The Court of Session has found EasyJet liable to pay compensation to a paraplegic passenger who fell out of a wheelchair and broke both his legs.
The passenger, Mr Mather, was flying from Edinburgh to Hamburg on an EasyJet flight in May 2017. Mr Mather had been rendered paraplegic since 2009 and as such required the use of a wheelchair. When Mr Mather arrived in Hamburg, he was helped into a wheelchair provided by Hamburg Airport, as his own wheelchair was still located in the hold. Mr Mather was then pushed, by an employee of DRK Hamburg Mediserve GmbH, onto the air bridge leading to the terminal building. As he approached the terminal entrance, the wheelchair struck the raised edge where the air bridge met the terminal, causing Mr Mather to be thrown from the wheelchair, land on his legs and subsequently sustain fractures to both legs.
As the accident occurred outwith Scotland, Mr Mather made a claim against EasyJet for his injuries under the Montreal Convention 1999. Article 17 of the Convention states:
“The carrier is liable for damage sustained in case of death or bodily injury of a passenger upon condition only that the accident which caused the death or injury took place on board the aircraft or in the course of any of the operations of embarking or disembarking”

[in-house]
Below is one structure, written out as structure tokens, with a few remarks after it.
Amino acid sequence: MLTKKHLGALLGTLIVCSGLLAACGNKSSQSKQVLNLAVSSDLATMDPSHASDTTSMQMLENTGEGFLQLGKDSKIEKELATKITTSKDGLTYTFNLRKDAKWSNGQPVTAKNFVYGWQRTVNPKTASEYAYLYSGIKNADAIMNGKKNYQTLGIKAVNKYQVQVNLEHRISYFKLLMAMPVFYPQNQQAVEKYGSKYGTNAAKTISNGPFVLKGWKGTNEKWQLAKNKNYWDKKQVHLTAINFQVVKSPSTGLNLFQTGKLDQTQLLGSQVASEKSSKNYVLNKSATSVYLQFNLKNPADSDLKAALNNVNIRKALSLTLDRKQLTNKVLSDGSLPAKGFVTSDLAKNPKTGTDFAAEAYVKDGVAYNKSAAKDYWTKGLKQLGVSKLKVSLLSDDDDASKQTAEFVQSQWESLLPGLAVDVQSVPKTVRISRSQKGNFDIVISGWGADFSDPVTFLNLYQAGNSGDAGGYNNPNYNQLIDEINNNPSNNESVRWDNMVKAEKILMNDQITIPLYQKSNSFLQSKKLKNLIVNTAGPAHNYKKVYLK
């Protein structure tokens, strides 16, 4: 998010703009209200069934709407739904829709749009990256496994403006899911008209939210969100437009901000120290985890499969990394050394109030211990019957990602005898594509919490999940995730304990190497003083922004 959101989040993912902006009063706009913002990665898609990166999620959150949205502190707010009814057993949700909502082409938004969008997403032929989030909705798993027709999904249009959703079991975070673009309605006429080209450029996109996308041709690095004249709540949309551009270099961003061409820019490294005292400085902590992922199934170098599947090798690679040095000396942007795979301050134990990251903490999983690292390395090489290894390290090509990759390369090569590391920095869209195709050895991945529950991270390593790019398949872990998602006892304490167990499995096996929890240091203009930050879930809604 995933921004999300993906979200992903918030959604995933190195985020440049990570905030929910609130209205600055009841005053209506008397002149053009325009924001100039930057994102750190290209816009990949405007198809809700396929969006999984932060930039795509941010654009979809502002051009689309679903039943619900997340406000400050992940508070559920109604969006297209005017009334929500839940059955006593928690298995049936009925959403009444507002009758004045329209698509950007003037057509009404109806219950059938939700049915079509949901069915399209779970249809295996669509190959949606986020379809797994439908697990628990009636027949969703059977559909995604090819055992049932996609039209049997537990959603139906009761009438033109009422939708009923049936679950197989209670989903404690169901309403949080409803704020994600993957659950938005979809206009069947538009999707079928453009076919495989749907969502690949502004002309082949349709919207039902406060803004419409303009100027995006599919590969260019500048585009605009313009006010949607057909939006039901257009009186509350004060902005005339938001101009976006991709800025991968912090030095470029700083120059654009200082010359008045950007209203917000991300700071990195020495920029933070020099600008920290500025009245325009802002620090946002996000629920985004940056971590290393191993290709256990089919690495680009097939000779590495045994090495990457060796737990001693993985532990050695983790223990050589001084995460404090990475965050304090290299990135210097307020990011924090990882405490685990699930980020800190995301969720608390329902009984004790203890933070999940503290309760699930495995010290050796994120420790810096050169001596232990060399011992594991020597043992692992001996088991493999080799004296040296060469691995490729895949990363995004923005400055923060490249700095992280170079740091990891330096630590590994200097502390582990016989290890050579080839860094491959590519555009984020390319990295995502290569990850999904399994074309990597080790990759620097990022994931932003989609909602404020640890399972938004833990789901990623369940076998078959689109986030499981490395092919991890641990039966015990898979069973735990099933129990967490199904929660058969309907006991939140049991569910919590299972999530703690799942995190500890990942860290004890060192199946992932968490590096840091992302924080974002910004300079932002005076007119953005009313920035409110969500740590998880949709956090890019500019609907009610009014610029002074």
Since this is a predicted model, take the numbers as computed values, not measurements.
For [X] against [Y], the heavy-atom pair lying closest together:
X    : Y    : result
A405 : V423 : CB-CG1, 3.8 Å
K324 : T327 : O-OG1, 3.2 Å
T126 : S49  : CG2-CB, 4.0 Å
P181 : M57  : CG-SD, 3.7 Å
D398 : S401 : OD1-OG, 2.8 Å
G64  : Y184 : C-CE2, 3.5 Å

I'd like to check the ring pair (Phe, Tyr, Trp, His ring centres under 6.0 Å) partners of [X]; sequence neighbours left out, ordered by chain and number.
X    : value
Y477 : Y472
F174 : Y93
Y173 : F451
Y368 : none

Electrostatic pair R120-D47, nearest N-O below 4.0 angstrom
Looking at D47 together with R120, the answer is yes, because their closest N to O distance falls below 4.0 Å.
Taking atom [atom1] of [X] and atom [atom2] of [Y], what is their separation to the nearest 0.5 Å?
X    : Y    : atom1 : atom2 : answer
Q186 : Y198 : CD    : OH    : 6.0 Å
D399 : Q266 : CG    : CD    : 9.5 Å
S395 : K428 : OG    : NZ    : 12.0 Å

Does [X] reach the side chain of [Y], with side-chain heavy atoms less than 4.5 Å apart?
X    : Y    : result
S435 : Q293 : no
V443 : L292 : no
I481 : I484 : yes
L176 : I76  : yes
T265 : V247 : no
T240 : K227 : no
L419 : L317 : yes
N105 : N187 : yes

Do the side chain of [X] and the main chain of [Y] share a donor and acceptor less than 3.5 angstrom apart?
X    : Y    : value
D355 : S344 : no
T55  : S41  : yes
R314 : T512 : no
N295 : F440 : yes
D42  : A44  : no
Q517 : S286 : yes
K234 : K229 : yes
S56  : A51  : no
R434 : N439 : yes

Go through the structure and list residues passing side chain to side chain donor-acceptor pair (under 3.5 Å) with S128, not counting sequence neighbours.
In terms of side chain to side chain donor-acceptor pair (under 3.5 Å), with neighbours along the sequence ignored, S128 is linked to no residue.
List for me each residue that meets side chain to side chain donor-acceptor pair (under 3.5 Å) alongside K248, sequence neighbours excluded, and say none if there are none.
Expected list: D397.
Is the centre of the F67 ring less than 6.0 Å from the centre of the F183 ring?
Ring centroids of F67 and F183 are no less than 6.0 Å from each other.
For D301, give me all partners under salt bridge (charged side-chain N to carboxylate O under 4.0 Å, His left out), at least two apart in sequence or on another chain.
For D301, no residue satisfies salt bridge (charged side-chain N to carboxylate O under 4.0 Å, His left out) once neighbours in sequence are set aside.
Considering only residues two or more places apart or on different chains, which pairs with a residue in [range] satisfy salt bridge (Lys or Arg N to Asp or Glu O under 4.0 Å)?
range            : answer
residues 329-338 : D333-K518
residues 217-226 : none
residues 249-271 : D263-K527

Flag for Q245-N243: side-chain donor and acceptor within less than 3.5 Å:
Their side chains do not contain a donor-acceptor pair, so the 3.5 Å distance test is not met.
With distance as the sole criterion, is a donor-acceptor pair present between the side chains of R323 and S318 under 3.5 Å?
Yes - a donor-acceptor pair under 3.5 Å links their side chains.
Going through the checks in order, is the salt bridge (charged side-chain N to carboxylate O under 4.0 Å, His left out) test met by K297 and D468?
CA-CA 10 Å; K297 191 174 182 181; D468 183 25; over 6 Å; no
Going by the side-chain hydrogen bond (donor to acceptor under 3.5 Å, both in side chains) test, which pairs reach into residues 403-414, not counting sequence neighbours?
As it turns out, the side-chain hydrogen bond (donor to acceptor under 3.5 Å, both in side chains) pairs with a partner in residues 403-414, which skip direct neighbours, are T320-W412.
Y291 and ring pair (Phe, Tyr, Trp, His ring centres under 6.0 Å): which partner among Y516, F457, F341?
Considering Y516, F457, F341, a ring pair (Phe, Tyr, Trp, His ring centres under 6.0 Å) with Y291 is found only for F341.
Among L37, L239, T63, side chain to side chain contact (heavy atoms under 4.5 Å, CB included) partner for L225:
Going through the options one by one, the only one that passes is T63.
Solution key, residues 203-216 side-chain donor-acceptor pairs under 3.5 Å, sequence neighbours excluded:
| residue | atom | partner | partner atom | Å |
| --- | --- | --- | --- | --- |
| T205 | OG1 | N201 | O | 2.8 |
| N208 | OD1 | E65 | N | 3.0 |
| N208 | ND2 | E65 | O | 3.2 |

EasyJet’s solicitors admitted liability for the accident in an email dated 17th July 2018 stating “I have instructions to admit liability in line with the protocol. It is intended to be binding.” However following court action being raised, EasyJet’s solicitors argued that they were not bound by their admission to accept liability made prior to the court action being raised, and that the accident had in fact been caused by the man pushing the wheelchair, who was not an employee of EasyJet but of DRK.
Whilst Article 30 of the Montreal Convention allows claims to be made against EasyJet for actions causing damage which are carried out by an agent or servant of EasyJet, EasyJet argued that DRK were acting as agents of Hamburg Airport rather than EasyJet.
Lord Uist, however, rejected these arguments. He held that the accident was caused solely by the negligence of EasyJet’s agent, DRK. He held that it did not matter that there was no direct contract between EasyJet and DRK, or that DRK were contracted by Hamburg Airport; what mattered was that the services provided by DRK to EasyJet were in furtherance of the contract of carriage, and were services that EasyJet would have had to provide themselves if DRK had not provided them.
EasyJet were therefore held liable to compensate Mr Mather, with the amount to be compensated still to be decided.
If you have had an accident during the course of a flight within the last two years, then our specialised Personal Injury team at Jackson Boyd can help you. Get in touch today!